Nakakeeto had a deep spirituality. This made a strong impression on the seminarians who learned to recognize the value of prayer in their lives from the example of a good lay person. Nakakeeto was always present at prayers in the chapel in the morning and in the evening. She never missed mass except when health would not allow her to attend. She used to say the rosary every day, going to the nearby cemetery where the priests are buried to pray for them. It was a great lesson for the seminarians and priests at the seminary, some of whom hardly found time to pray for their own dead lying in that famous limbo of Bukalasa. 
Nakakeeto was dedicated to development. She abhorred ignorance and poverty and did her best to fight them. She started projects at her home in Kyamaganda to help family members and needy children. She had a magnificent banana plantation, a zero grazing project and a poultry project. She used many of the funds from these projects to pay fees for the seminarians and girls who wanted to engage in religious study. At her death, she had funded the education of more than ten priests and she was paying school fees for five major seminarians and a number of minor seminarians. Her career of paying school fees for the seminarians began almost by default. One day in 1991 she went to the cemetery to pray for the dead. There she found a young boy who was weeping at the grave of one priest, Fr. Joseph Ssenyonga, who had died tragically in a car accident. After consoling him, Nakakeeto took the boy back to the seminary. But she observed that the young seminarian went back to weep at the tomb of this priest every day. She discovered that the dead priest was this young boy’s brother. The boy went to the tomb to ask his brother to help him because they were going to send him away for lack of school fees. Nakakeeto then decided to pay for the school fees of the boy who eventually completed school and became an ordained priest. He is called Fr. C. Kazibwe. From then on Nakakeeto decided to dedicate her life and resources to the education of priests.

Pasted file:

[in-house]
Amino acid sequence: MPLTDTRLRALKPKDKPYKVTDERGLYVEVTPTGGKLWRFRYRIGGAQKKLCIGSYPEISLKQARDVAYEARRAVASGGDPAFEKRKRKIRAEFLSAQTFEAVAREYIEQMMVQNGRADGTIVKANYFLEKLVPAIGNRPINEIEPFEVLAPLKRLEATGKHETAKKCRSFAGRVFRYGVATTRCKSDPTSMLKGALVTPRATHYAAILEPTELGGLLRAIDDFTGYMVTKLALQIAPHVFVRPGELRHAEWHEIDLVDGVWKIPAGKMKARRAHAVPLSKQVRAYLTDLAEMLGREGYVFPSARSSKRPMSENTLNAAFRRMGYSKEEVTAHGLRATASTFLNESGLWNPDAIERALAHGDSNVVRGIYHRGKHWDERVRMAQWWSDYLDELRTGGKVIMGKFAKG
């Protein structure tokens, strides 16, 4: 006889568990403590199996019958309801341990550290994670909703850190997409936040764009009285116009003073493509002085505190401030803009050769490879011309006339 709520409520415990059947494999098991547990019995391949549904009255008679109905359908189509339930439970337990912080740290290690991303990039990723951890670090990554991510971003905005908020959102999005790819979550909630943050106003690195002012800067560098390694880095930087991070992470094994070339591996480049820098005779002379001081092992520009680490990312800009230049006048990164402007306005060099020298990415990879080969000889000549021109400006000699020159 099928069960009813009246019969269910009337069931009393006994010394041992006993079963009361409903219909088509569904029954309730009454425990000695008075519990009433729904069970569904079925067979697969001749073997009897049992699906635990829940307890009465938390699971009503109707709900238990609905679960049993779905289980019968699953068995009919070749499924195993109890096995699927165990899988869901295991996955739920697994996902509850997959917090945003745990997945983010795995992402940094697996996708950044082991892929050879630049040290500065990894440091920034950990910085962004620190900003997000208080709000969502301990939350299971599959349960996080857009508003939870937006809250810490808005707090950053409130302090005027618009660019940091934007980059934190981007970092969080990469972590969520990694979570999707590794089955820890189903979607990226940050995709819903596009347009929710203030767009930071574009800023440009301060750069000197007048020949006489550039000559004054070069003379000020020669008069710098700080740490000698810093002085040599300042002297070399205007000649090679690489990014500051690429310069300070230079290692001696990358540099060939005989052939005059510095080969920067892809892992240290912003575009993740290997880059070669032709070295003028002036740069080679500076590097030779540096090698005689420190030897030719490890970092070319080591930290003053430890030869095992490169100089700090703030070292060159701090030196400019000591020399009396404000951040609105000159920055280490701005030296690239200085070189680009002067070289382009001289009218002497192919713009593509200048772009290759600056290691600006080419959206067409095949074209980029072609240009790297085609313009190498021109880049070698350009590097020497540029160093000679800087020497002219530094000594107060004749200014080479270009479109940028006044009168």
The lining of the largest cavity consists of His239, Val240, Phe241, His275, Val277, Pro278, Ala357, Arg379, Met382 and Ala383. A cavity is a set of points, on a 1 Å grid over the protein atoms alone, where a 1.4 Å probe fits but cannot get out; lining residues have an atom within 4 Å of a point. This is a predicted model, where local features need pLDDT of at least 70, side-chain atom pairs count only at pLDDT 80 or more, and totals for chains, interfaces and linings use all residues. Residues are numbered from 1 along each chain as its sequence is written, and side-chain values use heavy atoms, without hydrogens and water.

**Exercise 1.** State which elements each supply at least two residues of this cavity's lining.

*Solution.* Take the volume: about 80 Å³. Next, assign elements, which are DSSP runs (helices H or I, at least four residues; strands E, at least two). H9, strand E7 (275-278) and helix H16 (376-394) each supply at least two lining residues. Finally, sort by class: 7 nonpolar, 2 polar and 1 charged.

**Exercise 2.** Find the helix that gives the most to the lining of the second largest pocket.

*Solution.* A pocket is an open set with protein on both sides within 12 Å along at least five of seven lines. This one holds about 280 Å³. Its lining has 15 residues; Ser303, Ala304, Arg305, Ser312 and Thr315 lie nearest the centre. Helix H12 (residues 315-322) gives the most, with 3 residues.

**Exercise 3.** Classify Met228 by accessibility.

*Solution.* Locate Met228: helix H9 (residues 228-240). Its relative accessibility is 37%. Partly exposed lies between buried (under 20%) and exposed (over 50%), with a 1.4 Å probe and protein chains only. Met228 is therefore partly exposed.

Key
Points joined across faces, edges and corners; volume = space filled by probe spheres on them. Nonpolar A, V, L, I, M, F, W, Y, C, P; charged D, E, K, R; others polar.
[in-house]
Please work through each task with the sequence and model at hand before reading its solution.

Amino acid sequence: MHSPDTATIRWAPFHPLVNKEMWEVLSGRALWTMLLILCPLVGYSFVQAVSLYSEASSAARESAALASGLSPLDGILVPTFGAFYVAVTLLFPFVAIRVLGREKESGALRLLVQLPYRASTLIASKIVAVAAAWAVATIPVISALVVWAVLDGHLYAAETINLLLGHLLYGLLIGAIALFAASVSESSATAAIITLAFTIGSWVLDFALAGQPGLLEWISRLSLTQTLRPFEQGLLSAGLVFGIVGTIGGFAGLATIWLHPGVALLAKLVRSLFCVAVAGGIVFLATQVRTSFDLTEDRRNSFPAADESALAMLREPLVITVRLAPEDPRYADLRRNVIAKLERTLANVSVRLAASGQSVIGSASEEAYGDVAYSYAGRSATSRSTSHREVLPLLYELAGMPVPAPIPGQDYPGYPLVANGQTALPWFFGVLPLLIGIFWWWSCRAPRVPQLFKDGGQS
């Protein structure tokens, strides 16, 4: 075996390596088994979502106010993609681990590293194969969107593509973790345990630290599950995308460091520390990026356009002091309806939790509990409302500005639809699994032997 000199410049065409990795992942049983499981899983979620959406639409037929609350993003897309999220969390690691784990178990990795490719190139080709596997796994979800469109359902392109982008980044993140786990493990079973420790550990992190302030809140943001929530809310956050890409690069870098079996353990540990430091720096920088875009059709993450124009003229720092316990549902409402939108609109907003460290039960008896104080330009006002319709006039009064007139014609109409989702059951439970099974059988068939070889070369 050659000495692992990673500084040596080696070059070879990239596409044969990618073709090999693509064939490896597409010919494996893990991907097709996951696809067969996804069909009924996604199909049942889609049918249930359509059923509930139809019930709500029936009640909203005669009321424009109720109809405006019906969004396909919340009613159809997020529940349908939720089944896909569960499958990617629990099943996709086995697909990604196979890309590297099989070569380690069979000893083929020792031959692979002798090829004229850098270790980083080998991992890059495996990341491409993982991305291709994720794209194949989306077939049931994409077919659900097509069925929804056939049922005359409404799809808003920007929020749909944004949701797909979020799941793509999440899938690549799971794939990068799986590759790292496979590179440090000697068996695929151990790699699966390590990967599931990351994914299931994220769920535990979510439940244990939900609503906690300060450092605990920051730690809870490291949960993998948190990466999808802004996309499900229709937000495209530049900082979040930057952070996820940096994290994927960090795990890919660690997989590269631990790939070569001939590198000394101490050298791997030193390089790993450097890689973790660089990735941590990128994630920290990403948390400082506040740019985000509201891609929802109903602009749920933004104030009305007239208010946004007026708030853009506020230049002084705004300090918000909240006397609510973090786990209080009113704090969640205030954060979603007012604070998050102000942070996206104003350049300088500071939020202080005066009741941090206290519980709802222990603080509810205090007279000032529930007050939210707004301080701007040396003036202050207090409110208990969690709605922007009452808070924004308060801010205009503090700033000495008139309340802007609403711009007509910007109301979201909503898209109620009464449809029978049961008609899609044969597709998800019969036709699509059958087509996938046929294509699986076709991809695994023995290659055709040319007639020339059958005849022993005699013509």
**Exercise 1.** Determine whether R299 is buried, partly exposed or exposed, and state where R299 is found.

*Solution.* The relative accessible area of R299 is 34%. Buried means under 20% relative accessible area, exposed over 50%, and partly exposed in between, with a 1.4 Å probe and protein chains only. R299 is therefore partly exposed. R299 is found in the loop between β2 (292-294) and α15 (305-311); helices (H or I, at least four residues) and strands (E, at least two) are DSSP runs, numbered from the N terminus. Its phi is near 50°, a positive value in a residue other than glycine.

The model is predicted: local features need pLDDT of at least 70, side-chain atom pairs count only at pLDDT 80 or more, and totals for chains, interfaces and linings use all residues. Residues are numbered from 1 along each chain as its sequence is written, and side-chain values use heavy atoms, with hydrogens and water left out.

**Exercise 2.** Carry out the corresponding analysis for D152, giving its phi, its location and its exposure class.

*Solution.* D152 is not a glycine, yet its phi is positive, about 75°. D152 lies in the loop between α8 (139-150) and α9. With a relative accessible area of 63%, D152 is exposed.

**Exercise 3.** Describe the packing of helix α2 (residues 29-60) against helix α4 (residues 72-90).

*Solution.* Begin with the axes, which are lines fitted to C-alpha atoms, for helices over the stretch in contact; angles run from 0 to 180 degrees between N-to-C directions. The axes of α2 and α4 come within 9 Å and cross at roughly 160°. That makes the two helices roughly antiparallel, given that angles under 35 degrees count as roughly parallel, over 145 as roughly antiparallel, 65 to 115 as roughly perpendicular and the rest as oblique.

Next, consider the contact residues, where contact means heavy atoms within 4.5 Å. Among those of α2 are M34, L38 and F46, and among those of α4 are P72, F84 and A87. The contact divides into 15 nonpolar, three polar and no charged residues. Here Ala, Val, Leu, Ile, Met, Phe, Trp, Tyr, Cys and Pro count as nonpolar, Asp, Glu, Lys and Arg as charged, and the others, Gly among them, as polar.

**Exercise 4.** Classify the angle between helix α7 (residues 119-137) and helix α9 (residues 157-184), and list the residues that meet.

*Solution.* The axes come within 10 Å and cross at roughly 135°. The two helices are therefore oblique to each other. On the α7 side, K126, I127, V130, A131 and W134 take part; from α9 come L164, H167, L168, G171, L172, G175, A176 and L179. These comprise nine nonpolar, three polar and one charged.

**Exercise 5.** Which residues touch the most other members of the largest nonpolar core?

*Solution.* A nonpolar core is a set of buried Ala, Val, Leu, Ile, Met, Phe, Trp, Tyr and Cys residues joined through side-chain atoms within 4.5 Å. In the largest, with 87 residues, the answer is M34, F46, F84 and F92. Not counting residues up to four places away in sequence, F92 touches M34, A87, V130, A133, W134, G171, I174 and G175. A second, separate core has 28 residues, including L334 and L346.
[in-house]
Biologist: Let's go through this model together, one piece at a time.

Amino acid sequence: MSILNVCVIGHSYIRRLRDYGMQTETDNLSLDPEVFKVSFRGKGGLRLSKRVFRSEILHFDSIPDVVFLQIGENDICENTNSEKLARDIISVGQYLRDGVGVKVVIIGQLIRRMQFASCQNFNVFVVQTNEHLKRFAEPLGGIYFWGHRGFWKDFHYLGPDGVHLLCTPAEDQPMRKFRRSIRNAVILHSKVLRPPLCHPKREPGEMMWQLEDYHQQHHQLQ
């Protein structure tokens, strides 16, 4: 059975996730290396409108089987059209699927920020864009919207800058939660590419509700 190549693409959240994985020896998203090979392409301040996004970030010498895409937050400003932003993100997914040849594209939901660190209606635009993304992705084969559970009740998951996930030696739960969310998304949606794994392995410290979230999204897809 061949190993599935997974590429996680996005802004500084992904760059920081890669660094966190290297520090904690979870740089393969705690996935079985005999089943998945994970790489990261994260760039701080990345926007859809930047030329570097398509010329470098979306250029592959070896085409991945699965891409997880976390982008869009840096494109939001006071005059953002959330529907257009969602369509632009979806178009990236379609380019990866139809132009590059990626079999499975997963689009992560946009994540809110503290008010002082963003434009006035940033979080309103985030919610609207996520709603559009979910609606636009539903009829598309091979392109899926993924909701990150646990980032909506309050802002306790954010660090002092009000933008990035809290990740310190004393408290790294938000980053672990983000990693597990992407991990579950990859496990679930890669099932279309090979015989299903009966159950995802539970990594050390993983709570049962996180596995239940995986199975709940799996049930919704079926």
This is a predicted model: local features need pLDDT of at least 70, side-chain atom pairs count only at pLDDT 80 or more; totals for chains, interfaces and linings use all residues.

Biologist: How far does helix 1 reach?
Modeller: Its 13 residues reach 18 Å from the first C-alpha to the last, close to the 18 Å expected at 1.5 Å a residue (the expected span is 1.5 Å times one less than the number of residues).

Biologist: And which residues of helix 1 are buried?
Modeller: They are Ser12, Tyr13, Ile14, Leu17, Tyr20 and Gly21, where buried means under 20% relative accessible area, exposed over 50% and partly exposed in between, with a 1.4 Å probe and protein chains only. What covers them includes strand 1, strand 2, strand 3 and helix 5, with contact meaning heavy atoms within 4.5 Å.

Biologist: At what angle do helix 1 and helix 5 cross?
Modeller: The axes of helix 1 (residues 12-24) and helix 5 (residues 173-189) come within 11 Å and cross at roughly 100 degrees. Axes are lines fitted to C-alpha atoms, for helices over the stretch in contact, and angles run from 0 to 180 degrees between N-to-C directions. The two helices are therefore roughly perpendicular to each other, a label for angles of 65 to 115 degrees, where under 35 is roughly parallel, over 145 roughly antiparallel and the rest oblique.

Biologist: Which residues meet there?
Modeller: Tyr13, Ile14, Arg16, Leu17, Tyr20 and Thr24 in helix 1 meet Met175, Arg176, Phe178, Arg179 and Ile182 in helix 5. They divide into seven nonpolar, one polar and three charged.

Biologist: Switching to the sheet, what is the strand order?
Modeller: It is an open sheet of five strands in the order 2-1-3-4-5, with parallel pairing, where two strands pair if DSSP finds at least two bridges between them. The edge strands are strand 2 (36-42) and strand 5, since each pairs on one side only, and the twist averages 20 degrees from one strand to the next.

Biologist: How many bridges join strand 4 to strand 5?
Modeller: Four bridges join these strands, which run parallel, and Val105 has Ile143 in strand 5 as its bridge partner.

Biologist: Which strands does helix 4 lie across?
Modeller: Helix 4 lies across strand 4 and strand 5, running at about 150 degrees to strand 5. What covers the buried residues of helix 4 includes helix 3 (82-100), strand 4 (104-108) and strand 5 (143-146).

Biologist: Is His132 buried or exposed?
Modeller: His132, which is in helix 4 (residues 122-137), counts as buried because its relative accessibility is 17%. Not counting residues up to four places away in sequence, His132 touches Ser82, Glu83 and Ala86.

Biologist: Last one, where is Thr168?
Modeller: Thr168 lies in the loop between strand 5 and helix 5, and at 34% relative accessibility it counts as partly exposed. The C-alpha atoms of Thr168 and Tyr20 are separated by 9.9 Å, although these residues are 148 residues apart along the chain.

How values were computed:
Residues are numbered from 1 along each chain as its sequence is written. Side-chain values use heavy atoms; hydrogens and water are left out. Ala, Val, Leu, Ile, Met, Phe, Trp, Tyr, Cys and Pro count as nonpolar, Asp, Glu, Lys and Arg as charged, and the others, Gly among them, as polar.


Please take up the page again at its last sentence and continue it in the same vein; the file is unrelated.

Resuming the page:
Nakakeeto was a great parent to the seminarians: she was especially attentive to those who might feel like outsiders, such as seminarians from Tanzania and Burundi.
She gave up her time and energy to take care of Bishop Ddungu until he died in 2010.
Nakakeeto was a lady of great heart who understood her mission particularly as serving God through serving the seminary: as a secretary and by educating priests. She did this work excellently and that is what makes her a hero for the church in Masaka and Uganda. She never discriminated against anyone, knowing well that God calls priests from every tribe, people and nation. In this way, she promoted the idea of the catholicity of the church over ideas of tribalism. Nakakeeto now takes her place among the great, courageous and missionary-minded women of Uganda. In her own small way, she did her best to ensure that the church gets many good, committed, faithful priests and bishops.
Benedict Ssettuuma Jr
1. Bishop John Baptist Kaggwa at the burial of Nakakeeto. February 4, 2014.
2. Fr. Joseph Namukangula, Vice Rector Bukalasa Minor Seminary. Interview, May 5, 2014.
3. Fr. Denis Mayanja, Bisanje Parish. Interview, May 2, 2014.
4. Emmanuel Cardinal Wamala, at the Burial of Nakakeeto. February 4, 2014.
5. Conversations with Nakakeeto, June 16, 2006.
This article, received in 2014, was written by Fr. Benedict Ssettuuma, a diocesan priest from Masaka Diocese who holds a doctorate in missiology from Urban University in Rome. He teaches pastoral theology and missiology at St. Mary's National Major Seminary, Ggaba, Uganda. He is also the chairperson of the board of directors of the Center of African Christian Studies (CACISA), a DACBparticipating institution.